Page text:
The Brag Media
News October 27, 2015

Live review: Alt-J, Hordern Pavilion

Walking into Hordern Pavilion, Melbourne four piece City Calm Down made the most of entertaining an eager audience with their funky tunes. Confessing to playing most of the songs from their recent EPMovements, their ‘80s-laced, bass-heavy electronic pop gently swayed the restless crowd.

Followed by the dreamy melodies of Snakadaktal, this performance also marked their return from a spot on the Splendor in the Grass line-up. On the brink of releasing their debut album Sleep In The Water, the Melbourne band performed a chilling rendition of Air, and stapled themselves into my memory with the insanely catchy Dance Bear.

Walking onstage to Tyga’s Rack City Bitch, I took a double take as Alt-J arrived onstage to an entrance conventional of a comedy performance. Diving straight into the first track of An Awesome Wave, the devoted crowd responded by holding their hands high to create triangles, and preparing their Instavideo.

The four-piece were positioned across frount of stage against a backdrop of the album artwork for An Awesome Wave. Split into three panels, stage lights transformed the static image of jagged black lines into flowing rainbow lava, which poured behind the band throughout the set.

Dropping seamlessly into the a capella beauty of ❦ (Ripe & Ruin), this only made the physical pull of Tessellate intensify as the full band returned. As smoke rings rose from the audience during Something Good, the emotionless black box of a venue somehow managed to gain a festival vibe. Dissolve Me was the catalyst in regretting not seeing Alt J when they performed at smaller venues. Returning to Australia for the third time this year, their ballroom days are already over.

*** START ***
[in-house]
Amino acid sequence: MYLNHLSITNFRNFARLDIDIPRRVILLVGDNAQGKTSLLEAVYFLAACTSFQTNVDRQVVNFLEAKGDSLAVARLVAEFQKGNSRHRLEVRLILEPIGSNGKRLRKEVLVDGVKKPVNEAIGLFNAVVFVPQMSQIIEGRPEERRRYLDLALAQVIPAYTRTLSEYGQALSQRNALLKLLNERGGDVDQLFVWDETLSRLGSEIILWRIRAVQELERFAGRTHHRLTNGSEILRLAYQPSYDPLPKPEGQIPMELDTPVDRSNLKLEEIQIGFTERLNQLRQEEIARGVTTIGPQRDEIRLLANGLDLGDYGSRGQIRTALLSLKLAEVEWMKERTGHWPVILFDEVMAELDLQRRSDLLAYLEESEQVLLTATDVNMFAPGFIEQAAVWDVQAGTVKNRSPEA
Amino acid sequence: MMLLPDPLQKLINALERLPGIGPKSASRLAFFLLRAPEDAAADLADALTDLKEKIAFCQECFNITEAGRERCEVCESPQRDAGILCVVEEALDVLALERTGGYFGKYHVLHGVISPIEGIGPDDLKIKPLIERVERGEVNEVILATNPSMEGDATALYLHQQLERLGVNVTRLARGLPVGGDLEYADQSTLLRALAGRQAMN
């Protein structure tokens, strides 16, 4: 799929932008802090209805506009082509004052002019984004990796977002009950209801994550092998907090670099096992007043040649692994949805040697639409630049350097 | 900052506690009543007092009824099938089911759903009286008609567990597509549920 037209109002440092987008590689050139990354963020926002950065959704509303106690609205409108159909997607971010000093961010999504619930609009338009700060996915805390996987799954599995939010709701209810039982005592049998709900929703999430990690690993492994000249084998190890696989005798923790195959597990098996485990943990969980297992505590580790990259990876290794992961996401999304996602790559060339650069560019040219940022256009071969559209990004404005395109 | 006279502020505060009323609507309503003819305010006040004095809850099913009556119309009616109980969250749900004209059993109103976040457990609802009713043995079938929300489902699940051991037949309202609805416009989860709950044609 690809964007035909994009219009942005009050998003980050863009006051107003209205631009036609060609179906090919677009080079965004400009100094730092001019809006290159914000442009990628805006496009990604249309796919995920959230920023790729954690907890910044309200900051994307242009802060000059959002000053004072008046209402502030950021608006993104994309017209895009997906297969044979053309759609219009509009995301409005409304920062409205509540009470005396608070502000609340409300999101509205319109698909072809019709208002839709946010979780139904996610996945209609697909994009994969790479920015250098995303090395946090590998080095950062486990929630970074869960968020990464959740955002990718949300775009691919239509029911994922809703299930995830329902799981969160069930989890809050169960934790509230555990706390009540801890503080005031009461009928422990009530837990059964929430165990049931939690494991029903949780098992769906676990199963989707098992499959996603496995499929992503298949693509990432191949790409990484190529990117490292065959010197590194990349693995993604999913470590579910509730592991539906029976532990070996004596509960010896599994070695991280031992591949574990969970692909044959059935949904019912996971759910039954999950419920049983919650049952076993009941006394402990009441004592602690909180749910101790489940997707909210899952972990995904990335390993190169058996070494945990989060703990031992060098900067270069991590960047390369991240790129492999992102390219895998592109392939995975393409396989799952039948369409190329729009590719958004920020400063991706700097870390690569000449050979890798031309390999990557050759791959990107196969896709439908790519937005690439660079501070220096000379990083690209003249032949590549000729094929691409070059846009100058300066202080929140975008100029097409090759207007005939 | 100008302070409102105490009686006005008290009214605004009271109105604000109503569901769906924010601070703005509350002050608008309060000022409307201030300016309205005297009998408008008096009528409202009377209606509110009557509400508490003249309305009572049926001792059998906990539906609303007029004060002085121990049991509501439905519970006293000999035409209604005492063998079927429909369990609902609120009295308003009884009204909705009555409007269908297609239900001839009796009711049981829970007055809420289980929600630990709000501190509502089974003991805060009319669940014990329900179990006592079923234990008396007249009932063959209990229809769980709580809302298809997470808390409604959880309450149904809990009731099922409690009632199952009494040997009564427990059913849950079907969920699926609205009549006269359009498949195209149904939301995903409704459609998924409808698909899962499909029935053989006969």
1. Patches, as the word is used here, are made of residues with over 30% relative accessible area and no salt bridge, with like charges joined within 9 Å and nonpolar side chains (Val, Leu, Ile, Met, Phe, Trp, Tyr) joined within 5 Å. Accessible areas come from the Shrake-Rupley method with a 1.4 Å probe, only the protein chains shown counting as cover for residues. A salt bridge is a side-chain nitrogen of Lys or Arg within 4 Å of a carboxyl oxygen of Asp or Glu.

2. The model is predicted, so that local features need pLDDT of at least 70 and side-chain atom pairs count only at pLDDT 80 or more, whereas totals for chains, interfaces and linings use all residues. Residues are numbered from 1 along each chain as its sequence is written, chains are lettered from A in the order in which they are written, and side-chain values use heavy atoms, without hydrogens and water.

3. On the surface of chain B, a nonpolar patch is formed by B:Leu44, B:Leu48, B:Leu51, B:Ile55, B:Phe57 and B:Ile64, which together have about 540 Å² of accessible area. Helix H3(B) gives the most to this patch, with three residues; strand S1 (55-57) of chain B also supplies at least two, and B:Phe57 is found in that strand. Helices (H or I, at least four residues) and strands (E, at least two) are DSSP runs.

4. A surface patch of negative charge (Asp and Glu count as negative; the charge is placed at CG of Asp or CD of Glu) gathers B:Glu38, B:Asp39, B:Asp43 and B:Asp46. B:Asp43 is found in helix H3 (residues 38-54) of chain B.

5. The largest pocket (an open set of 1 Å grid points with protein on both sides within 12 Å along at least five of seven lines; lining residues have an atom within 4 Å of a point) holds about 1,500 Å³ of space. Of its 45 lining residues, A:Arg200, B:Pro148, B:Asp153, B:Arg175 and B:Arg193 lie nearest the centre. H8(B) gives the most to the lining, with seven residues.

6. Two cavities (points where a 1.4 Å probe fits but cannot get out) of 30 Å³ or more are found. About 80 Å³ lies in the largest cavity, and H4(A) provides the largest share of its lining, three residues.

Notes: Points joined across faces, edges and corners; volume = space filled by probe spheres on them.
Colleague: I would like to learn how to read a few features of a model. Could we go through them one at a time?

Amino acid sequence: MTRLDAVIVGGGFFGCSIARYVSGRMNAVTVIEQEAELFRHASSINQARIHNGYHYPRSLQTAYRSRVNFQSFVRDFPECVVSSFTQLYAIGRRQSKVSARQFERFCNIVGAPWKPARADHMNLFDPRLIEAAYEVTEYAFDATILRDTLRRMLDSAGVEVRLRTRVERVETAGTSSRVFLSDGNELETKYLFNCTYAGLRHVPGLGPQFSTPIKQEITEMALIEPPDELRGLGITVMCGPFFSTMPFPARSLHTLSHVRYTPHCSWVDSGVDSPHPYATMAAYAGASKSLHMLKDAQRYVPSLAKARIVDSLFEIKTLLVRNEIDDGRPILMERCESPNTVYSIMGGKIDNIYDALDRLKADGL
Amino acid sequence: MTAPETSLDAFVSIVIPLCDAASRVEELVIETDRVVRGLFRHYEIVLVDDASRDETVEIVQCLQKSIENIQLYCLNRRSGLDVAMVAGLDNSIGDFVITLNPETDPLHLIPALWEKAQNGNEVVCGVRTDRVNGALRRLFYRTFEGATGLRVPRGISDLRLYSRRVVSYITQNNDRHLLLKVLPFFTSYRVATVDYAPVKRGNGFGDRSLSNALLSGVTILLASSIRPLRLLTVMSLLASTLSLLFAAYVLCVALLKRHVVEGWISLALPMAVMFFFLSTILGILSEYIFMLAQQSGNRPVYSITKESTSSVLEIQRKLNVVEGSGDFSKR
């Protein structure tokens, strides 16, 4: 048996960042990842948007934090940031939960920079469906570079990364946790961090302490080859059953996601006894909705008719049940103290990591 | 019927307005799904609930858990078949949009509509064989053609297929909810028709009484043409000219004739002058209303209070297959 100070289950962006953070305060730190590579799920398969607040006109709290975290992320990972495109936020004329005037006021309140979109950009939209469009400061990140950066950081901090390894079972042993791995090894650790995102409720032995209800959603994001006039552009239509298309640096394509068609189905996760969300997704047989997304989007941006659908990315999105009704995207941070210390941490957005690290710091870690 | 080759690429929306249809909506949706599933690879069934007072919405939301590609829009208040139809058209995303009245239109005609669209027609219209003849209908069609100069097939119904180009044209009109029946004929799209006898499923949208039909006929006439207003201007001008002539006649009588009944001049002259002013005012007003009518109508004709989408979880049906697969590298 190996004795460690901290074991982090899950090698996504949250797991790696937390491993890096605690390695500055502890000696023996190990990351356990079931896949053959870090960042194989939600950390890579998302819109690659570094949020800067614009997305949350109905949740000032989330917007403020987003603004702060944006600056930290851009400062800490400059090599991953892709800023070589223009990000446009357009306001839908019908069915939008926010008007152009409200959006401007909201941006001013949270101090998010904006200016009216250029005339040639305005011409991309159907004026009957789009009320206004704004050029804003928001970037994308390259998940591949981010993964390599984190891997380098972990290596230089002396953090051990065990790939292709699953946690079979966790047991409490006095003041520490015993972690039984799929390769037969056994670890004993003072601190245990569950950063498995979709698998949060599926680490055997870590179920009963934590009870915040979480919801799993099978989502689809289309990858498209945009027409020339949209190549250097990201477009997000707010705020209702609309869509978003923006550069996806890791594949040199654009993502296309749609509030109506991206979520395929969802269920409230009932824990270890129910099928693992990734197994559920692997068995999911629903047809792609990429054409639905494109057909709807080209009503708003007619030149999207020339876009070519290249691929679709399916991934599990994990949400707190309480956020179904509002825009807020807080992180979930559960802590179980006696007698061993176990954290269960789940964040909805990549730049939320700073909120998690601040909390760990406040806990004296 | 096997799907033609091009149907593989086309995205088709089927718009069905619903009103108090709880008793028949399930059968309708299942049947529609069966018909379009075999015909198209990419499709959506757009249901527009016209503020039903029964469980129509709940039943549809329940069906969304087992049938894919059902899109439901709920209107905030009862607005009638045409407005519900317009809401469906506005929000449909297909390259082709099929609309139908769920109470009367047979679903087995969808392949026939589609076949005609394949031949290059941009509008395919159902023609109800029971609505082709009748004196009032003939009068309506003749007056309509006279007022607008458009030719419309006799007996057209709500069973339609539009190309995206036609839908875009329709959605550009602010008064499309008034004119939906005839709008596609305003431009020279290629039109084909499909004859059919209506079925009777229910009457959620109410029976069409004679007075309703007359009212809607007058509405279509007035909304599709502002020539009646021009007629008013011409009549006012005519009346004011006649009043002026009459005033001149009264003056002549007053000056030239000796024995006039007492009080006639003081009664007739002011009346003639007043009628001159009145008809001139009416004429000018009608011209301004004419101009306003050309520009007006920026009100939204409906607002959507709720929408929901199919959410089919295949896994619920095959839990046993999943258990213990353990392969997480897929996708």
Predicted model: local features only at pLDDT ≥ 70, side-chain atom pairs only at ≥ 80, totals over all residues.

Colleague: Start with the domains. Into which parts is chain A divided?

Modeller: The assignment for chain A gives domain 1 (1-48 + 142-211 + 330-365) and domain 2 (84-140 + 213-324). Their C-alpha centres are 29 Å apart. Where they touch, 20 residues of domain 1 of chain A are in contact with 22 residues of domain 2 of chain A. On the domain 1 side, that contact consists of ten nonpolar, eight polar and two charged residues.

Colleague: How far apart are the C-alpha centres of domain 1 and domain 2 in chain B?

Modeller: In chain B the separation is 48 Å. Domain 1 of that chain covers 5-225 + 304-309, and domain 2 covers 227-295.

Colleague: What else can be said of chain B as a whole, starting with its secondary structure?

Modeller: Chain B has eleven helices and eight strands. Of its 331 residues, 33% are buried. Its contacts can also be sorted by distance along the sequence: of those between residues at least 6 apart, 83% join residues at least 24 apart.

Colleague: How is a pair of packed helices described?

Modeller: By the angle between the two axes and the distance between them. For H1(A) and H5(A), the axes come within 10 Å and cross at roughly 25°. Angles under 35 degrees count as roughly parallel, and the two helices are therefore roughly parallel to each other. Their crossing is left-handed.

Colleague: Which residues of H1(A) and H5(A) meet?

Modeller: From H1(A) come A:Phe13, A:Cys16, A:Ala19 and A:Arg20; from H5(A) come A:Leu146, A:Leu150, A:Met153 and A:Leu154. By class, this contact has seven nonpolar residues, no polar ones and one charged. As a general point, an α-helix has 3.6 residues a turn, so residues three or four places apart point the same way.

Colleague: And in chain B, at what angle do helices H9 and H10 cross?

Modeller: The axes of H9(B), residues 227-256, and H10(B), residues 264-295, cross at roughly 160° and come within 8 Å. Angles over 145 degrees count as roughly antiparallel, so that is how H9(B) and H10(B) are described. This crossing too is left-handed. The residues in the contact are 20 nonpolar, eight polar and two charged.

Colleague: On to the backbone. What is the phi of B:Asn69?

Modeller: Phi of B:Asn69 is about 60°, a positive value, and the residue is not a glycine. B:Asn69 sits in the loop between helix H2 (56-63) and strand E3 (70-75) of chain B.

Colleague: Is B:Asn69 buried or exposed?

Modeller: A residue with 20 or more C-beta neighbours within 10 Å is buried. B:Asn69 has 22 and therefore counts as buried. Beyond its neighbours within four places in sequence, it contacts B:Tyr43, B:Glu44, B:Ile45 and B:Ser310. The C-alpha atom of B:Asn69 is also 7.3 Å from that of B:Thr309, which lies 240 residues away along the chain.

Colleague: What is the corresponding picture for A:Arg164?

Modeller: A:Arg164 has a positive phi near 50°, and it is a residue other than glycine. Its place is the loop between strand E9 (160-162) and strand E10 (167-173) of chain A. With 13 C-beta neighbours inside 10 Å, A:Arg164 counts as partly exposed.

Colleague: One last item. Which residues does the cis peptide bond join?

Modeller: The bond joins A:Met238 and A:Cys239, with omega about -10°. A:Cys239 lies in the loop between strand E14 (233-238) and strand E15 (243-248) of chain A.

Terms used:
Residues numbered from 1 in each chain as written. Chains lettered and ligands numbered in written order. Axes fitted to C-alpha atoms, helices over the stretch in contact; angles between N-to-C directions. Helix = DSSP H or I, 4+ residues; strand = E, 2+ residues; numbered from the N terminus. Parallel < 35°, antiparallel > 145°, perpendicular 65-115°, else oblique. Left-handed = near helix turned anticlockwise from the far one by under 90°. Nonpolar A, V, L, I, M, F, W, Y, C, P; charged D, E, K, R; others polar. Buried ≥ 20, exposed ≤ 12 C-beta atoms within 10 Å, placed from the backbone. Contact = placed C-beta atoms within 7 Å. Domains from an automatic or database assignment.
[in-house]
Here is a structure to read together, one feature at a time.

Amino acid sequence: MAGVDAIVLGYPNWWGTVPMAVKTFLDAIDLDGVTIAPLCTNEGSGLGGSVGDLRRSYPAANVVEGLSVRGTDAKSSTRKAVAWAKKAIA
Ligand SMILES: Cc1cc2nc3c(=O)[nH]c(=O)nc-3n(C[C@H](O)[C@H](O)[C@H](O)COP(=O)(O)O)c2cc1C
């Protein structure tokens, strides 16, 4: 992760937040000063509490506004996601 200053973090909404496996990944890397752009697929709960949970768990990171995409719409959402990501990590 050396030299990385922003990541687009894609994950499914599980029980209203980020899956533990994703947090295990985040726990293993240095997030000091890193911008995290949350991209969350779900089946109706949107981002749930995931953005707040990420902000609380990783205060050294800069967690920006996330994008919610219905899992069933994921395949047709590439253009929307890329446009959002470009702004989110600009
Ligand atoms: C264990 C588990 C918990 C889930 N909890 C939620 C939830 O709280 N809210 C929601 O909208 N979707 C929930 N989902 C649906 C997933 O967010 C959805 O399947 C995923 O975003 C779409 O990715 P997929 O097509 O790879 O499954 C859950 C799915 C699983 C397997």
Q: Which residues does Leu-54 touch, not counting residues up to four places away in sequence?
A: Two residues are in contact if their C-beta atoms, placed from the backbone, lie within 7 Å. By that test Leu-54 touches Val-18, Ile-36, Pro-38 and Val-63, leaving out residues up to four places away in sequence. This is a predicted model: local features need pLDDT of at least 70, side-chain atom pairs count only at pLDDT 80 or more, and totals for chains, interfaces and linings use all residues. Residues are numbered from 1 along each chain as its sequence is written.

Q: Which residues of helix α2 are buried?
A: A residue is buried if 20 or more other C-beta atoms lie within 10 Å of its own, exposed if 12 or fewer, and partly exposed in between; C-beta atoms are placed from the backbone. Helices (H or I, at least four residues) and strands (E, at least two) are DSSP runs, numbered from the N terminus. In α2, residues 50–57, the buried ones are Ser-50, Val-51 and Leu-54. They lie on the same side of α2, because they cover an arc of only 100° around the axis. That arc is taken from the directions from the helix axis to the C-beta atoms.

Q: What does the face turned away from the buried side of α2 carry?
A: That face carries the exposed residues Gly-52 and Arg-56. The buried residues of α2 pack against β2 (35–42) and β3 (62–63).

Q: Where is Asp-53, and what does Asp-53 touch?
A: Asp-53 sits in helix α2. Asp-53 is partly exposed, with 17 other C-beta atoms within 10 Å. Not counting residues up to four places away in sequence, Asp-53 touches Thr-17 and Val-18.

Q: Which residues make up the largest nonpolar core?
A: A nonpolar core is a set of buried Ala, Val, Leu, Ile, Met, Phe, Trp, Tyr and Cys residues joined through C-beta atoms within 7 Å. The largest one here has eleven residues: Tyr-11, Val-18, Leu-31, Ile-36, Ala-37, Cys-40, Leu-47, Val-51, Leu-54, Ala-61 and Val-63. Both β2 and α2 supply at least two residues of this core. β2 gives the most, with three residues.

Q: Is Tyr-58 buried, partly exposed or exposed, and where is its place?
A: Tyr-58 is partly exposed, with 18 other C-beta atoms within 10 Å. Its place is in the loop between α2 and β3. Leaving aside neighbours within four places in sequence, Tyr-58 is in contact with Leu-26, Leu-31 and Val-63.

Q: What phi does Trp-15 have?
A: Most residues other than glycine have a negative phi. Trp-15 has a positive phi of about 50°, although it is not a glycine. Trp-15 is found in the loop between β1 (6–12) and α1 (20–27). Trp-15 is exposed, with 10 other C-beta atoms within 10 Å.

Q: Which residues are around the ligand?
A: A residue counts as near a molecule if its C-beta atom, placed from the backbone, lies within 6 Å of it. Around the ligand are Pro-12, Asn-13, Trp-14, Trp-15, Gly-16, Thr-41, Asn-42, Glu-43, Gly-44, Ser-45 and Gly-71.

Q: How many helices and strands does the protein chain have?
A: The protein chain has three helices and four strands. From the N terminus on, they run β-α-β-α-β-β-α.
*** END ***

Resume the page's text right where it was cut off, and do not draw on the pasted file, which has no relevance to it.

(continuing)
A crowd favourite, yet lyrically dense, Fitzpleasure was responded with silence until fans knew it was safe to throw their hands in the air and yell long phrases of single vowels during appropriate moments. Between songs, banter was kept to a minimum with sporadic polite comments from keyboardist Gus Unger-Hamilton about anybody turning up to see them in the sold out Hordern Pavilion.

Hoping that the Australian crowd would recall the next song, Alt J revived Slow Dre, a mash up of Kylie Minogue and Dr Dre recorded last year for Triple J’s Like a Version. A chorus of excited Australian accents chanted the lyrics to Matilda, and became the only song with an intimacy that was not smothered by a large venue. As the a ccapella moments of Bloodflood wavered into distraction, Alt J’s whirlwind three-day tour was dedicated to the supporting acts with Ms.

The audience was then finally appeased with the song they had been waiting for, as Breezeblocks brought an entire new energy to the sold out pavilion. Returning for a predicable encore, the a cappella duet of Newman and Unger-Hamilton made Hand-Made and a cover of College’s A Real Hero a set highlight.

Joined by the rest of the band, Gwil Sainsbury flew a paper plane into the audience before ending the set with Taro. I missed the first awesome wave of Alt-J, but I’ll be damned if I’m missing the next. ∆


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